Weapons are purchased from the USA, UK, France or a private arms dealer. (Each country sells weapons that it itself produces, except the private dealer, who is a South African providing access to Soviet weaponry.) Each source offers a different range of weapons with different prices and most countries will only offer better weapons once a reasonable number of purchases have already been made (which establishes that a relationship has been built). Not all countries offer all the same weapons; for example, anti-SAM helicopters are only available from the US and the private dealer.
The weapon systems available for normal combat are:
- Medium tanks (count as main battle tanks)
- AMX-30 (France)
- 500MD (USA)
- SAM launchers
- Bomber aircraft
Specialised-function weapon systems available are:
- AWACS aircraft
Weapon types are identical as far as war is concerned, regardless of their price: so the US$2M T-62 Main Battle Tank from the private dealer is exactly the same as the US$2M M1A1 Main Battle Tank from the USA. Price differences can be significant over a few turns; for example, fighters from the USA are US$39M each but French fighters are only US$35M each. Also, the French Medium Tank functions exactly the same as the other dealers' Heavy Tanks.
Weapons purchased will usually be available by the next turn, except from the private dealer, which usually takes 1-2 turns to ship. The private dealer's advantage is the ability to sell arms to the player if an arms embargo is imposed on Israel.
Nuclear weapon research
Another factor in the game is the development of nuclear weapons. Each country (except Jordan and Lebanon) can begin and maintain a nuclear weapon development program. One of the main ways to lose the game is for WMDs to be used, which often sets off a global nuclear holocaust. This can present a problem to players, since it can be other countries that use WMDs in their own conflicts against countries other than Israel. It is possible to reduce this possibility by destroying nuclear installations as they arise.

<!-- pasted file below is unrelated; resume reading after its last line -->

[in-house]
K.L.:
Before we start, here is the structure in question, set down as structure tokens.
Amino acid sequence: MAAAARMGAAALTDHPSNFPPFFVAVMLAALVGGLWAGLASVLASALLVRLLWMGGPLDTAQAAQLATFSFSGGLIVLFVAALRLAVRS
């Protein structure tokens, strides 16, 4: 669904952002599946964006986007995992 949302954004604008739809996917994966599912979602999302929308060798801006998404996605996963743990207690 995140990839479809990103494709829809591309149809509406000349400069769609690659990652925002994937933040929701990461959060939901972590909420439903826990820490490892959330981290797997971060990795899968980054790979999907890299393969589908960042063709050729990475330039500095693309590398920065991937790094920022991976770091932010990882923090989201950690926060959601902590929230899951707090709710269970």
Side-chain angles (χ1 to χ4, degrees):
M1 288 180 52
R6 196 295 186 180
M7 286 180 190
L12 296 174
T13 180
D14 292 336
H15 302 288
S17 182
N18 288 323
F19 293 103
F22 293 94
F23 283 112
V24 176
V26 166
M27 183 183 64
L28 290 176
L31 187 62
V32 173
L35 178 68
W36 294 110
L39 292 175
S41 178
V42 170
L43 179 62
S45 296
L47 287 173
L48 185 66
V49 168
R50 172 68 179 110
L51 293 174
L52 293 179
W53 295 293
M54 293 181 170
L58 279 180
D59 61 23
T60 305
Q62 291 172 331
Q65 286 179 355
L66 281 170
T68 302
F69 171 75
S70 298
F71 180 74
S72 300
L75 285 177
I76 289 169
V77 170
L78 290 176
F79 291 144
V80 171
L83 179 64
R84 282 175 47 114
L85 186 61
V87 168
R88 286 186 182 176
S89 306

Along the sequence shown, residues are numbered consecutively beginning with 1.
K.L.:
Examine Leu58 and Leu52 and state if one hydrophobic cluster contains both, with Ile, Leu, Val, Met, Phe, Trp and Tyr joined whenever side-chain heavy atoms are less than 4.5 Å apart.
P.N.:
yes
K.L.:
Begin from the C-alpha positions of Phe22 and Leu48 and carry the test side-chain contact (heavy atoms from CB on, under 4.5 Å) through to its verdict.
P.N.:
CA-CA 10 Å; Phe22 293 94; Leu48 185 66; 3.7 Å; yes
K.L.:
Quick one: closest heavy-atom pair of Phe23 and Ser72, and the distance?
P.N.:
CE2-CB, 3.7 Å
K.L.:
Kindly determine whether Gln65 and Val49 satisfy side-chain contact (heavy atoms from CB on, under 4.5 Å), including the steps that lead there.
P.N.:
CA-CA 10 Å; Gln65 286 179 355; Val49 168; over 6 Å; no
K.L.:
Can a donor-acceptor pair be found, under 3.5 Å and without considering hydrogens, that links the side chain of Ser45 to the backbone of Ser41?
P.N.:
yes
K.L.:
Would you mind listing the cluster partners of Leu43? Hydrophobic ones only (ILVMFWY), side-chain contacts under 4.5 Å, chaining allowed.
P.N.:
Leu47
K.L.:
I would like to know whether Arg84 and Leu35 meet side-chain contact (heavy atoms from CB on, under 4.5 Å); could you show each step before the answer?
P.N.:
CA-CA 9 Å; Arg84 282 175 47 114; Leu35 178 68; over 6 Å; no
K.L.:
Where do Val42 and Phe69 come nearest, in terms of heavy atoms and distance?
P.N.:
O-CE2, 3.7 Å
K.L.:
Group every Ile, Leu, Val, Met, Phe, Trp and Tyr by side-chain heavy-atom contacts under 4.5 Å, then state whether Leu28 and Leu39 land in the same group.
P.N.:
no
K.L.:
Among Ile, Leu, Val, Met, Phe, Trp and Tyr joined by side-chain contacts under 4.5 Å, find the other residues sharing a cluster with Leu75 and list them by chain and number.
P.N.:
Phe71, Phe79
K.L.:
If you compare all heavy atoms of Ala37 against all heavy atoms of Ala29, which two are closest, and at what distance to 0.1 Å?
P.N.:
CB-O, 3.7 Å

On each turn, the player decides whether to fund nuclear development for that month (it only costs US$20M and so is usually done). Once the player has nuclear weapons ready, they are able to fire them during war at their discretion. Depending on the situation of the war, the player's use of WMDs will either result in an instant victory or a nuclear holocaust, which ends the game in a loss. Consequently, if the player wins a war using a nuclear strike, the UN will impose an arms embargo on Israel, forcing the player to buy arms from the private dealer until the next UN summit.
Annual defense budget review
Each year, Israel can choose to increase or decrease the GDP percentage of the defense budget (it starts at 35%) by 2%, and to increase the size of the Army by two units (which apparently harms the relationship with the USA).
US budget aid
Every year, the United States provides economic and military aid to Israel. This varies between nothing and four billion dollars, depending on how good Israel's relationship is with the US. (To put that into context, a large monthly defense budget, such as would be granted during an active war, is about 350 million dollars).
The game also models the problems caused by the Palestinian situation. The "Palestinian problem" is Israel's internal insurgency, just as the other countries have their insurgency and concomitant government stability problem. Other countries presumably can choose to act to stoke Palestinian discontent, and as the player becomes unsuccessful and increasingly unpopular, the Palestinian situation worsens - eventually, this will cause the player to be deposed and thus lose the game.
The player can choose to deploy a brigade to police the Gaza Strip and the West Bank, which is supposed to help reduce discontent. Once a brigade has been deployed, the player can choose "soft" or "hard" tactics. Hard tactics presumably are more effective, but cause international outcry, presumably reducing relations with the US and so affecting their annual military grant.
During the annual UN summit, an offer can be made to form a Palestinian homeland, which permanently removes this problem and improves relations with the USA. The only disadvantage seems to be that if the player goes to war with the bordering country that offered the homeland territory, Israel finds itself at a territorial loss, usually two bars on the war progress meter.